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Authors and Affiliations

Katherine Vega
Samuel Ochoa
Luis F. Patiño
Jorge A. Herrera-Ramírez
Jorge A. Gómez
Jairo C. Quijano
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Abstract

Species of the genus Salsola belong to the family Chenopodiaceae and are associated with large saline areas in eastern Iran. The aim of the study was to isolate and characterize the endophytic and phytopathogenic fungal communities from non-mycotrophic Salsola species. Sampling was done from different parts of Salsola plants in the Birjand region in 2017 and 2018. Isolation and identification of fungal isolates were done using biological characteristics and ITS region sequences. The pathogenicity of the representative isolates was investigated by cultivating disinfected Salsola incanescens seeds under greenhouse conditions and inoculating seedlings with a fungal spore suspension from 7 day old fungal colonies on PDA media. Based on morphological and molecular data, 27 isolates from 11 fungal species were isolated and identified from Salsola tissues. Alternaria alternata, A. chlamydospora, Aspergillus terreus, Macrophomina phaseolina, Fusarium longipes, Ulocladium atrum, and Talaromyes pinophilus caused root or stem rotting and yellowing leaf of S. incanescens under greenhouse conditions. Aspergillus niger induced S. incanescens crown swelling without any pathogenicity. Clonostachys rosea, F. redolens and F. proliferatum grew as endophytic fungi on S. incanescens roots. This is the first report of phytopathogenic M. phaseolina, F. longipes, T. pinophilus, endophytic F. redolens and A. niger as a swelling agent on S. incanescens.

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Authors and Affiliations

Mina Razghandi
Abbas Mohammadi
Morteza Ghorbani
Mohammad Reza Mirzaee
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Abstract

The aim of this study was to monitor pesticide residues in the blood of agricultural workers (farmers, pesticide dealers, and spraying workers) living in the Dakahlia Governorate, Egypt. Residue analysis revealed that 48, 76, and 84% of the farmers, pesticide dealers, and spraying workers had pesticide residues in their bloods, respectively. Eleven compounds were detected in the blood of examined individuals. According to the World Health Organization (WHO) classification, most of these pesticides (nine pesticides) were in moderately hazardous compounds. Carbofuran, a highlyhazardous compound was the most toxic. The compound with the lowest toxicity was hexytiazox, which is unlikely to pose an acute hazard in normal use. Chlorpyrifos was found in the blood of 38.3% of the study subjects, followed by acetamiprid (11.7%) and profenofos (10.7%), while fenvalerate was the lowest occurring compound (1.3%). Of the collected samples 41.3% was free of pesticide residues, while 58.7% of the samples was contaminated. Furthermore, the amounts of all detected pesticides were below the no observable adverse effect levels (NOAEL). Also, 38.7% of the samples had only one pesticide, while 8% of them contained residues of two pesticides, and 5.3% contained more than two compounds. The worker’s age did not affect the accumulations of pesticide residues in their bodies. However, there was a strong correlation between pesticide residues accumulation and an individual’s exposure time. Therefore, from these results it can be seen that encouraging greater awareness among pesticide users of the need to improve safe usage and handling of pesticides by education, advice, and warning them of the risks involved in the misuse of these poisonous materials is highly recommended.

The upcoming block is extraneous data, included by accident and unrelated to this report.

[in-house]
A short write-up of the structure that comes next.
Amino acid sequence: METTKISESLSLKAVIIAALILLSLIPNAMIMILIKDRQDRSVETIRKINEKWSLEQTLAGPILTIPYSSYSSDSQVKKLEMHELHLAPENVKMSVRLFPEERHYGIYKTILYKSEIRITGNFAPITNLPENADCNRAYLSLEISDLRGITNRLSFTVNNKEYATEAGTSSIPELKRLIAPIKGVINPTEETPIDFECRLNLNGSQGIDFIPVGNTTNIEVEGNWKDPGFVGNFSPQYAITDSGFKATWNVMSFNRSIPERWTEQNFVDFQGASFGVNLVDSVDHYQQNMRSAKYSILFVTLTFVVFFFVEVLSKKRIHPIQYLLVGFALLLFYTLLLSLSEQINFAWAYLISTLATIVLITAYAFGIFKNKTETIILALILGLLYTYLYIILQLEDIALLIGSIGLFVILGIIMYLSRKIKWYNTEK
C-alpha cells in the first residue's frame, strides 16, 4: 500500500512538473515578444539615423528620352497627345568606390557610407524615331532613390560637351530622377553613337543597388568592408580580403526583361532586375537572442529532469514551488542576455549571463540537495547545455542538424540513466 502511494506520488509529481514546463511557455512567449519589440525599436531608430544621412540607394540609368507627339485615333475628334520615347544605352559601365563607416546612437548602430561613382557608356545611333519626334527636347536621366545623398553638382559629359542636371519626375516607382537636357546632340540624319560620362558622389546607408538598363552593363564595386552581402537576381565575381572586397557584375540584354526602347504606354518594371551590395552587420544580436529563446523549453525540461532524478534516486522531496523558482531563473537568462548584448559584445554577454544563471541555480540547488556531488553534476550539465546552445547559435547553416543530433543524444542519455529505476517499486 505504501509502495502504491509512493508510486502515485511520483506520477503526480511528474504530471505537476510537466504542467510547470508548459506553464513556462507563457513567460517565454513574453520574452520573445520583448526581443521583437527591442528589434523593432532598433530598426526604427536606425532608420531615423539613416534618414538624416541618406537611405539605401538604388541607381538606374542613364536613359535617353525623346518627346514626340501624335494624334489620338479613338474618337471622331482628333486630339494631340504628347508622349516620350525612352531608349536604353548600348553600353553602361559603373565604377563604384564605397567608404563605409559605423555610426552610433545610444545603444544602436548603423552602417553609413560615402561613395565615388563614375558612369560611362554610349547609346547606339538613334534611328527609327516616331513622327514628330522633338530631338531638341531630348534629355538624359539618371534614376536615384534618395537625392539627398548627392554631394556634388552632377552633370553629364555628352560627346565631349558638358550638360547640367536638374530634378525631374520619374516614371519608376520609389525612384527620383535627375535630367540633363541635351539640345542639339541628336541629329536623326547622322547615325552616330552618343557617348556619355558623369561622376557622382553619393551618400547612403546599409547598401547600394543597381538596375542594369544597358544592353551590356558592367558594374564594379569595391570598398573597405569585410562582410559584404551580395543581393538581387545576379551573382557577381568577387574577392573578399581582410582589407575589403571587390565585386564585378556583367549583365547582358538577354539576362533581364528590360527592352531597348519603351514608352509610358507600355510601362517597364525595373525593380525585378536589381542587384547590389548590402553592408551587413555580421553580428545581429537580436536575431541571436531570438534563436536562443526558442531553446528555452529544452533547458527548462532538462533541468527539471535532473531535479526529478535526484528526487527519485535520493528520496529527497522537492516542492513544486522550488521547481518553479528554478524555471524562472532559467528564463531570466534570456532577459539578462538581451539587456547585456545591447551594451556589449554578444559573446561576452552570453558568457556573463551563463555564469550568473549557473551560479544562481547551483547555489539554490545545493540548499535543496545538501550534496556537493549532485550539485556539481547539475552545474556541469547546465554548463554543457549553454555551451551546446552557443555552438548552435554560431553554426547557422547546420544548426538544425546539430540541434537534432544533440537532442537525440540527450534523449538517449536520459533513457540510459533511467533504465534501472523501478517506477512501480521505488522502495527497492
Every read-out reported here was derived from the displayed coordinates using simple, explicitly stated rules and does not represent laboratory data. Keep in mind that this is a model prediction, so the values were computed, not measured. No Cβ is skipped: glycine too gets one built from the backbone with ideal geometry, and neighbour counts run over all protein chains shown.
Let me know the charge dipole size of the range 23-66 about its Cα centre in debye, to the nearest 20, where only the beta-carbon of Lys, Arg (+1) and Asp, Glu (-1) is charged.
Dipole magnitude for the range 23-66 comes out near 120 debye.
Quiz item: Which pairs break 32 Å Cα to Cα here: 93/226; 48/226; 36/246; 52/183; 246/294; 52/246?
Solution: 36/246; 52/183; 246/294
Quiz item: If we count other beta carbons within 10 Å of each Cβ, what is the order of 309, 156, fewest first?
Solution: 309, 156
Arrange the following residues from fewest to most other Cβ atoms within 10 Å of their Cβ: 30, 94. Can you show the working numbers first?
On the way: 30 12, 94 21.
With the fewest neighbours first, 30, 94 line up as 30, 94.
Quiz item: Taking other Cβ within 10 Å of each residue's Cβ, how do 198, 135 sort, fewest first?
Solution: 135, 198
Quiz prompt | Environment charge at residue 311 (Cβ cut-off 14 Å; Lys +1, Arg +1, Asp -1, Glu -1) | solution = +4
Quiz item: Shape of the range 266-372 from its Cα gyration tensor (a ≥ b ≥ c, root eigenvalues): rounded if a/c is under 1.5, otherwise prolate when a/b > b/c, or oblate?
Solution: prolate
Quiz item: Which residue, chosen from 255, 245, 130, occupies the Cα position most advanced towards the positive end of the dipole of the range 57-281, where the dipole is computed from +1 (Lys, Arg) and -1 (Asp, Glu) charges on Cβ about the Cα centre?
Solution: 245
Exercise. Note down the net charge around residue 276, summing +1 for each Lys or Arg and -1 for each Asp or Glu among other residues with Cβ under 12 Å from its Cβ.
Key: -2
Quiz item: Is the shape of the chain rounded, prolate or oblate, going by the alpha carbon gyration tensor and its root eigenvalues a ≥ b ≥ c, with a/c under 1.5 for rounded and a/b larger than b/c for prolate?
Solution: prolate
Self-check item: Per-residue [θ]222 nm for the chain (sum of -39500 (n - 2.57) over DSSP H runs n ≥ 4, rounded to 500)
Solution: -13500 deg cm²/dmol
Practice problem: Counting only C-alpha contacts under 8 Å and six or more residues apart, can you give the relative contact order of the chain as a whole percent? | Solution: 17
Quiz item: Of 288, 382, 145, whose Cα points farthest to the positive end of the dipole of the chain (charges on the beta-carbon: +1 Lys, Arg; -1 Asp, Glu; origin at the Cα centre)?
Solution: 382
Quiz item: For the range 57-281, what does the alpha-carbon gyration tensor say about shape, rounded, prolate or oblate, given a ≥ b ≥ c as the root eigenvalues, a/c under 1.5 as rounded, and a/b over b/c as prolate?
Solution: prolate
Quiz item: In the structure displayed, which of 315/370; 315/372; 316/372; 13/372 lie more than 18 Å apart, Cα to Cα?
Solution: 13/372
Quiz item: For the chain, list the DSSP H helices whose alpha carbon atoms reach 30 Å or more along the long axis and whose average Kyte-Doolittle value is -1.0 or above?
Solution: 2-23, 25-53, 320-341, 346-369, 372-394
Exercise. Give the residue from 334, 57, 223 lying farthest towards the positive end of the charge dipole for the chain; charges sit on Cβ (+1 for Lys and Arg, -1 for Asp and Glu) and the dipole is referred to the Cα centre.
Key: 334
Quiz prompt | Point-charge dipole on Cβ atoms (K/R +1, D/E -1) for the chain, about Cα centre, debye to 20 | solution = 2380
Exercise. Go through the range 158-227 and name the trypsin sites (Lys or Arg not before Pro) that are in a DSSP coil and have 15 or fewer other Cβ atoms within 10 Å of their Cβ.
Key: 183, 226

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Authors and Affiliations

Shehata E.M. Shalaby
Gehan Y. Abdou
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Abstract

Plant derived α-amylase inhibitors are proteinaceous molecules that regulate the enzyme activity in plants and also protect plants from insect attack. In the current study, 28 accessions of 19 plant species were screened for their α-amylase inhibitory activity. The durum wheat varieties, Beni Suef-1 and Beni Suef-5, showed strong α-amylase inhibitory activity and were subjected to further purification studies using ammonium sulfate fractionation and DEAE-Sephadex G-25 column. The isolated inhibitors were found to be stable at temperatures below 80°C with maximum activity obtained at 40−50°C. Also, they were stable in a wide pH range (2−12). The ion exchange products of purified α-amylase inhibitors from Beni Suef-1 and Beni Suef-5 varieties showed a molecular weight of 16 and 24 kDa, respectively. The purified α-amylase inhibitors were tested against Tribolium castaneum and Callosobruchus maculatus both in vitro and in vivo. There was linear inhibition of α-amylase activity with increasing inhibitor concentration until saturation was reached. Beni Suef-5 α-amylase inhibitor was more potent against α-amylase with lower IC50 values than Beni Suef-1 α-amylase inhibitor except in the case of T. castaneum larva. Kinetics analysis revealed that Beni Suef-1 and Beni Suef-5 α-amylase inhibitors are non-competitive types of inhibitors with high affinity toward α-amylase of T. castaneum and C. maculatus. Results of the in vivo studies demonstrated that α-amylase inhibitors isolated from durum wheat, Beni Suef-1 and Beni Suef-5 varieties, were very effective in inhibiting the development of T. castaneum and C. maculatus and could be used for future studies in developing insect resistant transgenic plants approaching α-amylase inhibitor genes.

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Authors and Affiliations

Ashraf Oukasha Abd El-latif
Nesma Mohieldeen
Ahmed Mahmoud Ali Salman
Elena N. Elpidina
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Abstract